Africa thanks Cuba for much of what it is today

Addis Ababa, Dec 31 (Prensa Latina) Those who know the legacy of the Cuban Revolution have reasons to celebrate its continuity, especially if it is African like me, because our continent owes much of what it is today to Fidel Castro’s deed .

This is how Abebe Ayalew Mekonnen, president of the Friendship Association of the peoples of Ethiopia and Cuba, graduated in Transport Economics ‘in a country that helped us defend our rights’ receives the visit of Prensa Latina.

This 2020 marked 45 years of official relations between the two states, but for Ayalew Mekonnen talking about it means ‘talking about history, claiming the Nobel Peace Prize for those who deserve it, talking about my training and condemning the North American blockade.’

Fidel Castro, the Moncada barracks, the Granma landing, the rebels’ entry into Havana were the basis for cooperation with territories in Africa, Latin America and Asia, he says.

That small nation is a ray of hope for the poor and not now, it should have received the Nobel Peace Prize long ago for its contribution to the training of thousands of young people and for medical collaboration, he argues.

Who provides selfless support when others suffer from Ebola, HIV-AIDS, hurricanes, earthquakes, floods, and Covid-19? Who develops Operation Miracle and the program I can do it?

‘There are many of us who want the best for the Revolution in 2021. I am sure I speak on behalf of the graduates in the Caribbean nation, of the Association, of the millions that we are grateful for.’

Abebe was supposed to go to Moscow to study, but his destiny changed to Havana and, as he would find ‘a land of white people with the climate of Ethiopia,’ he was happy.

When I arrived, that previous image disappeared, he says. It was July 1978, since then his life changed and after 13 years, before returning, ‘I was not who I imagined myself to be, it was better.’

‘I learned to be independent, to live in society. They instilled values ​​in me and I learned about other things. For example, for the first time I heard the word Nicaragua and I saw Angolans and other Africans.’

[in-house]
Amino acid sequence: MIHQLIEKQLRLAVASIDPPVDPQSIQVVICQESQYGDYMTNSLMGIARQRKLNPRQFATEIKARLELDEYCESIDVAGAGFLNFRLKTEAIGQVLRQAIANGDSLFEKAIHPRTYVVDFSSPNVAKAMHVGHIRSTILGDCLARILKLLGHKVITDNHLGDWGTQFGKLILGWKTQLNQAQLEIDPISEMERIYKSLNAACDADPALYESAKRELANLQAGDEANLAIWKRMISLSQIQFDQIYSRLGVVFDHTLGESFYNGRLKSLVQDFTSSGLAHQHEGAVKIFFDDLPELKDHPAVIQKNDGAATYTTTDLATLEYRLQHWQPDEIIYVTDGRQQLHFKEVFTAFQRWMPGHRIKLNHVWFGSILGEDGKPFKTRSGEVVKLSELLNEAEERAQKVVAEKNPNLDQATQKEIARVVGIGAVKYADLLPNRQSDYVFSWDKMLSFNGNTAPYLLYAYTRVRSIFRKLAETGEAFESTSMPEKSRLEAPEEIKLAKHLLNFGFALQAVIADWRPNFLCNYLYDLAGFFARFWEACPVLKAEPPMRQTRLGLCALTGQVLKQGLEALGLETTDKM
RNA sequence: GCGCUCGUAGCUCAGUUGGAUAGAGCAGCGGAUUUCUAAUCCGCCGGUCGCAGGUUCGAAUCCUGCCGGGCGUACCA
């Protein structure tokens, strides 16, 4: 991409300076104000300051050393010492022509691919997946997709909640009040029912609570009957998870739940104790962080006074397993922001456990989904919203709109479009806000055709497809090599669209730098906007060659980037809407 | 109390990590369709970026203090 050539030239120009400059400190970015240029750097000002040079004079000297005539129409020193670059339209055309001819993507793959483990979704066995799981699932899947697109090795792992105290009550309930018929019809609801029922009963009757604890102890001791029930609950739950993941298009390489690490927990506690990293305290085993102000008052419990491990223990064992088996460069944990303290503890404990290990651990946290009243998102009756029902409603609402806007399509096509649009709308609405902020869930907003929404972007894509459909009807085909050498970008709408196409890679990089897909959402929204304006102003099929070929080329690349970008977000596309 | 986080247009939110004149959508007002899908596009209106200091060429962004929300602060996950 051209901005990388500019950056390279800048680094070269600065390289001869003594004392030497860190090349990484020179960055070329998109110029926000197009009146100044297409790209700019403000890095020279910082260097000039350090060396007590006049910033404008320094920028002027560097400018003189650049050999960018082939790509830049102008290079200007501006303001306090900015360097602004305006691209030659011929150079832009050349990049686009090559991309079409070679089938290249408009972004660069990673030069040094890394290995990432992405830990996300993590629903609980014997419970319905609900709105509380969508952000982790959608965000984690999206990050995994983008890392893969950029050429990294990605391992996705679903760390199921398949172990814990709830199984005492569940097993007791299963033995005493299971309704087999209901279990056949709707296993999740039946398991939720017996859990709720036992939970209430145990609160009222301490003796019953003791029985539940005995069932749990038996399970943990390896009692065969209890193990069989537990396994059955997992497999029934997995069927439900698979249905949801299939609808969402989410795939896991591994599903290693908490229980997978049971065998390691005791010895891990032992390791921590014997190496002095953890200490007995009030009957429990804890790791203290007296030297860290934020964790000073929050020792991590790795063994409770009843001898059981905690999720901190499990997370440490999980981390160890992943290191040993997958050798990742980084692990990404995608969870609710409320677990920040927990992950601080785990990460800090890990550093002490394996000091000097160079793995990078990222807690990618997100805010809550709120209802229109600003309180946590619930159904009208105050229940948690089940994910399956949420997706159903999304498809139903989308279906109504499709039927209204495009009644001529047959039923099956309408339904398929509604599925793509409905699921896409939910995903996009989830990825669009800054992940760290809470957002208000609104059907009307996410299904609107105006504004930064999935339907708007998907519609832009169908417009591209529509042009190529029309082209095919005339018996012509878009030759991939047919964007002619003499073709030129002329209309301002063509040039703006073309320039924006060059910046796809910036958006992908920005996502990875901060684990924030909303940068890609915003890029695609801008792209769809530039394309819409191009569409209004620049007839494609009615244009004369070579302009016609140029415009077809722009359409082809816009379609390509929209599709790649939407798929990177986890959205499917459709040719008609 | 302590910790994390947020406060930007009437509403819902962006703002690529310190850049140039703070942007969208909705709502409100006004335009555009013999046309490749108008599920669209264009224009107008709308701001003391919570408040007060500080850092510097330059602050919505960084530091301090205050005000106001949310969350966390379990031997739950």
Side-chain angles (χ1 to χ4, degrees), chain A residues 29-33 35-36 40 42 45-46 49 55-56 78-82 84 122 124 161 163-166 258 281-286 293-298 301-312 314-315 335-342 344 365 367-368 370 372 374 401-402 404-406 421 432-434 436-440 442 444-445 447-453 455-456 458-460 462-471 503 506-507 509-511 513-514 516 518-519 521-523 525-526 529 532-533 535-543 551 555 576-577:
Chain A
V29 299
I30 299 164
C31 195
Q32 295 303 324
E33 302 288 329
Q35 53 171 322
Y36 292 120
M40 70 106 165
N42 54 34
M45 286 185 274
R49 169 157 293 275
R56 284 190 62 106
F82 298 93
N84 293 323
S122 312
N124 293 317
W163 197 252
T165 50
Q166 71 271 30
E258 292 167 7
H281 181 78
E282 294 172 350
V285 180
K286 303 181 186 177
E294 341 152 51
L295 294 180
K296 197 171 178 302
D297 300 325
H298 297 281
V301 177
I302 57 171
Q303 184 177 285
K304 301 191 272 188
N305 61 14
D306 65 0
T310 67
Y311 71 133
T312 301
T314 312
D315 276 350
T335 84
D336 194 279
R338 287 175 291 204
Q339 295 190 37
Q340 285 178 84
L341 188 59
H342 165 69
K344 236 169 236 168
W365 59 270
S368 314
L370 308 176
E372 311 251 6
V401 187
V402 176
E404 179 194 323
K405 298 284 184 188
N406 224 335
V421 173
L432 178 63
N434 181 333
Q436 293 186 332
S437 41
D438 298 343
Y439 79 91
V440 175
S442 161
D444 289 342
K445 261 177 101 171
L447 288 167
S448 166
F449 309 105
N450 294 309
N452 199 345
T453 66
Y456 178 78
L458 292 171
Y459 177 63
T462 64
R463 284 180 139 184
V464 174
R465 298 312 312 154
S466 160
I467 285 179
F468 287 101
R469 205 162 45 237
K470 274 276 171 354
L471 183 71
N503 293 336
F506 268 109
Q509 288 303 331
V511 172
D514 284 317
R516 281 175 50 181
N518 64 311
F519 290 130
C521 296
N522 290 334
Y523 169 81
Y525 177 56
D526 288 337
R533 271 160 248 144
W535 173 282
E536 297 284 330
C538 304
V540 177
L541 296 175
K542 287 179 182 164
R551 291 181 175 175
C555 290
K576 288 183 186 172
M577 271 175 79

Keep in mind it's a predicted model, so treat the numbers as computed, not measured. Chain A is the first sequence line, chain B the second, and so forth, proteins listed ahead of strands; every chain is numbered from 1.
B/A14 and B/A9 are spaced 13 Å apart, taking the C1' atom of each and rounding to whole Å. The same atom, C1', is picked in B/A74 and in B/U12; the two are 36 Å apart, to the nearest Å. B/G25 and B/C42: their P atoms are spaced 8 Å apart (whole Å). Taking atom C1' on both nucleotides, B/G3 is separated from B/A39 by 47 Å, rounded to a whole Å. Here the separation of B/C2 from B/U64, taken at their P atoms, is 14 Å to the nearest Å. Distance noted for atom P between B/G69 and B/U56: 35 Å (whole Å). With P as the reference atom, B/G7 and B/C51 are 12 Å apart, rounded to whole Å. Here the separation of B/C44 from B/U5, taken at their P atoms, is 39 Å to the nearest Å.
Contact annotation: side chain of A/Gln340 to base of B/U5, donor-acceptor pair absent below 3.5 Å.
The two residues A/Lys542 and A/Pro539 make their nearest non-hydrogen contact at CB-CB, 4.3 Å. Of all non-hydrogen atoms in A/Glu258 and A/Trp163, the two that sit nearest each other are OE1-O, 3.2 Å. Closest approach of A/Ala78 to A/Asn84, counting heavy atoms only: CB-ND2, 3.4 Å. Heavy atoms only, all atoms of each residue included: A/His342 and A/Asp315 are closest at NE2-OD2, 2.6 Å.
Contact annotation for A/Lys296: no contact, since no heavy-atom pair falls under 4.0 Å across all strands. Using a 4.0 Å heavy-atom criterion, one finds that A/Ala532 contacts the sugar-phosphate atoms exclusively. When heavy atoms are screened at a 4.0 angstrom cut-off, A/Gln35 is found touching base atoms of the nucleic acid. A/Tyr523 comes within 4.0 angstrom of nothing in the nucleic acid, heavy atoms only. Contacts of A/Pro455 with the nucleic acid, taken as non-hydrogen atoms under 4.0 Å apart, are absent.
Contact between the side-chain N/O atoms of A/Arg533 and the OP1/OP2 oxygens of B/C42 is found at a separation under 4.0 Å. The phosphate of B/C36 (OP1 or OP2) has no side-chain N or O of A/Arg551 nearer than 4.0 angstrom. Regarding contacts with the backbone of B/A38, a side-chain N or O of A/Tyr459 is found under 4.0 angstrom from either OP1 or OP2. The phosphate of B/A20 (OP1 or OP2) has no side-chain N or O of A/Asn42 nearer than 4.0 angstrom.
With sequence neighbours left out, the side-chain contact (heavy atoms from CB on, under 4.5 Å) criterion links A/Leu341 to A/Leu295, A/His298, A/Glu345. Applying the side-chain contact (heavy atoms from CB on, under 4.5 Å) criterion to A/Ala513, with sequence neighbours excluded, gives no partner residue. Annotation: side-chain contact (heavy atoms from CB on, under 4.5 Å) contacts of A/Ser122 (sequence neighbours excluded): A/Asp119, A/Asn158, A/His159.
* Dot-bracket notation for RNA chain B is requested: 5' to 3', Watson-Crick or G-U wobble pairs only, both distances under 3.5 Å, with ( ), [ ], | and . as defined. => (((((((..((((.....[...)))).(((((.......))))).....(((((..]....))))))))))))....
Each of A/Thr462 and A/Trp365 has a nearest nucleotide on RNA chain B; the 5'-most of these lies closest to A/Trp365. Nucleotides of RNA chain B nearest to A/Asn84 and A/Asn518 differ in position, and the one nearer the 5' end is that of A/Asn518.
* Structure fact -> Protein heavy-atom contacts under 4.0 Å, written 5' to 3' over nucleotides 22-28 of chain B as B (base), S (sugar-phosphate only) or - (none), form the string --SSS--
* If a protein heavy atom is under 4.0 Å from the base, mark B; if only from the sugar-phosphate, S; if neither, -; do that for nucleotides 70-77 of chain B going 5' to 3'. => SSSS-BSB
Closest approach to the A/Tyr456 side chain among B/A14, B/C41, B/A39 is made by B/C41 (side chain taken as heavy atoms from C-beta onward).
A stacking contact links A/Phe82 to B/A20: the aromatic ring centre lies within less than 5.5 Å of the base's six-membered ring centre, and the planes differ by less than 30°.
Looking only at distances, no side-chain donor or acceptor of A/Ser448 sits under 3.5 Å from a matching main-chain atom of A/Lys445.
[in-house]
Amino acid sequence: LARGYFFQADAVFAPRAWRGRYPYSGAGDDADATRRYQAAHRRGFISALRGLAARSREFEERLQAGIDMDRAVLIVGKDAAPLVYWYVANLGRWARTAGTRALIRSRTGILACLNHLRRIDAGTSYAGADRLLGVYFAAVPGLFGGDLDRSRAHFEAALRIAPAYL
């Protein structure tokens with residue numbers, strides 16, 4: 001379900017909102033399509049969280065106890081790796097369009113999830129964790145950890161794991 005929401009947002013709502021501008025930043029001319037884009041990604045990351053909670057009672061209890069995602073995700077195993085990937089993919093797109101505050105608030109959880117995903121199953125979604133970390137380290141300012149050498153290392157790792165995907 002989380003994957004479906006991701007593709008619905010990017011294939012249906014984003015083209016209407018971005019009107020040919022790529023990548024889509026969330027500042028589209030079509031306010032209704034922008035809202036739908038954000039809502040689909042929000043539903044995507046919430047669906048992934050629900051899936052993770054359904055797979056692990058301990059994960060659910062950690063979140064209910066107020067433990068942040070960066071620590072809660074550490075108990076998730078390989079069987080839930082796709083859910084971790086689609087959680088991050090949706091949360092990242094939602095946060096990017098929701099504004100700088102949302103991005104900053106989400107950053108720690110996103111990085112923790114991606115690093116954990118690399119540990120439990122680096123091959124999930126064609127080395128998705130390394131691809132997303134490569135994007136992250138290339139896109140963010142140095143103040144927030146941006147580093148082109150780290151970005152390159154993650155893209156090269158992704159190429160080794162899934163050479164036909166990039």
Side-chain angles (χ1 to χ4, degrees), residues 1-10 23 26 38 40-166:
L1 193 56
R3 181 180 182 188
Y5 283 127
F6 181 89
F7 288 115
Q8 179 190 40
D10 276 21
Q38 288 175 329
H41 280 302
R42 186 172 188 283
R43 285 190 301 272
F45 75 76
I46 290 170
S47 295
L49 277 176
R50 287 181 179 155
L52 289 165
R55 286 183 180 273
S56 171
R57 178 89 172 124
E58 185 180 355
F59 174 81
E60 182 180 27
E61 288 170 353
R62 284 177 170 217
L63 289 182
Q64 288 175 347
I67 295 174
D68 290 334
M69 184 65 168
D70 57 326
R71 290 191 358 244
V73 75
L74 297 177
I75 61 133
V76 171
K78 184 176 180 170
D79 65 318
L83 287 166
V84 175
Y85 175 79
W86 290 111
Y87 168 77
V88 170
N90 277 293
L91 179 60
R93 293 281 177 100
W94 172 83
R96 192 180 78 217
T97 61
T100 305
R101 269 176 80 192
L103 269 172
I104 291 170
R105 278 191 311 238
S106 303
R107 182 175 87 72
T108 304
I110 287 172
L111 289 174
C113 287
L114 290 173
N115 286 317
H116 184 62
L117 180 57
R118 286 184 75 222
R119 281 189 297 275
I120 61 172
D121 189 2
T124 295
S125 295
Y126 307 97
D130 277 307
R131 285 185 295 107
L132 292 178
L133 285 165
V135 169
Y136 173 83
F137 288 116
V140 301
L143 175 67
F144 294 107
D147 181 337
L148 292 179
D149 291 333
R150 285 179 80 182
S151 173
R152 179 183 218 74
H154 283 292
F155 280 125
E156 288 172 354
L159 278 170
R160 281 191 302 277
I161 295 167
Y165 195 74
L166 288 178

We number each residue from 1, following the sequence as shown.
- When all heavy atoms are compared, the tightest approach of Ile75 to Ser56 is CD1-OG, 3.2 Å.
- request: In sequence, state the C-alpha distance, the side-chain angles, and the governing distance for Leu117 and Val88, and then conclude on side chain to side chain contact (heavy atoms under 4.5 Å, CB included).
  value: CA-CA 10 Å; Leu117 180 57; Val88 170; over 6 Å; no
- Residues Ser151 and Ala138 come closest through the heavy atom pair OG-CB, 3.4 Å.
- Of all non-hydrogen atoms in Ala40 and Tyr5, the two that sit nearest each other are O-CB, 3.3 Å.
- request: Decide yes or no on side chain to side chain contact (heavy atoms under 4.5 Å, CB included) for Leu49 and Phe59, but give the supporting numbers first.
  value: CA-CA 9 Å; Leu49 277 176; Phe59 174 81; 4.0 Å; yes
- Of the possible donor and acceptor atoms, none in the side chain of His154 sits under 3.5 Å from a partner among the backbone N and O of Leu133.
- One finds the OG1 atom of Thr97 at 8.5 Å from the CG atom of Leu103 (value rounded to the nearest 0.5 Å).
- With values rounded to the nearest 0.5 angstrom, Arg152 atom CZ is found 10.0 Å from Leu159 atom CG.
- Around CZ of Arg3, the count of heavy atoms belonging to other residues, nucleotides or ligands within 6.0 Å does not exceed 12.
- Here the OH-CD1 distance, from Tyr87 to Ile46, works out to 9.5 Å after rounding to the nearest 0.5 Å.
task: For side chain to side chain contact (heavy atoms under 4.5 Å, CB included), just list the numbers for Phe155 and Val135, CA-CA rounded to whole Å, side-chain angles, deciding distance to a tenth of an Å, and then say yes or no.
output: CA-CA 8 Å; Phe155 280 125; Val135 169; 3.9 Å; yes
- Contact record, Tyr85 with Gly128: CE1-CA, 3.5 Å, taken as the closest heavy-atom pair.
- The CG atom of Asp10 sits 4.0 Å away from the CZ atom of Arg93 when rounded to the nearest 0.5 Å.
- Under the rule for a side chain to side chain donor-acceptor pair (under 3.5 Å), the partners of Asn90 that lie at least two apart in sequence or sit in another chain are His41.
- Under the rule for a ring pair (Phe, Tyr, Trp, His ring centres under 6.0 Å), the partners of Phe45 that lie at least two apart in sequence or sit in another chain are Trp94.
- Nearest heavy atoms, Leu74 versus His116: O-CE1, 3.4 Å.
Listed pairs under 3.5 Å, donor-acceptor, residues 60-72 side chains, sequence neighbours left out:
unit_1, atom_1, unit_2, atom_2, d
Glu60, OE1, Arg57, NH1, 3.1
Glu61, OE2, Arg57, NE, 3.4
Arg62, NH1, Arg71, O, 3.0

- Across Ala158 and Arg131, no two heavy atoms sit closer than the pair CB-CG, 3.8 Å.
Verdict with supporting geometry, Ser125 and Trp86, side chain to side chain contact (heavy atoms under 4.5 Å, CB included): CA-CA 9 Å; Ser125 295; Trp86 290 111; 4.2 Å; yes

Even, he emphasizes, I knew of the great diversity of my nation. In the scholarship there were students from all over and we related without religious or ethnic differences.

‘I left when I was 12 years old, I came back when I was 25 and I never lost my roots, although I also became a Pinero and a Santiago de Cuba native (alluding to his studies in Isla de la Juventud and Santiago de Cuba)’.

My story, he says, is that of other Africans and Latin Americans who received special training. I saw it when I returned, when we found a very big political change, we even saw children begging, and we were shocked.

Ethiopia-Cuba Friendship Association is an example,founded by those of us who benefitted from the Cuban educational system, he says.

During 2020, he explains, we celebrated the 42nd anniversary of the Victory of Ogaden, we planted trees and donated blood for the birth of Commander Fidel Castro, and we supported the help of doctors to low-income people.

Among other objectives, he points out, we want to contribute to strengthening the friendship of our peoples, transmitting the ‘Ethio-Cuban history’ to the new generations and supporting cooperation in education, health and other branches, which may be greater.

I realized that, despite suffering great changes and the U.S. blockade, Cubans don’t lose their grace, dignity and hospitality.

The Revolution, he said, is not rusty, it won’t fall because it has solid bases, has overcome great obstacles and has important international support.

Cuba lives, advances and resists U.S. genocide policy that hurts and prevents youths without resources to study there as we did.

The U.S. government commits a crime of lese-majesty for 60 years and, even if it eliminated the blockade, it would have to answer for the damages it caused, he concluded.


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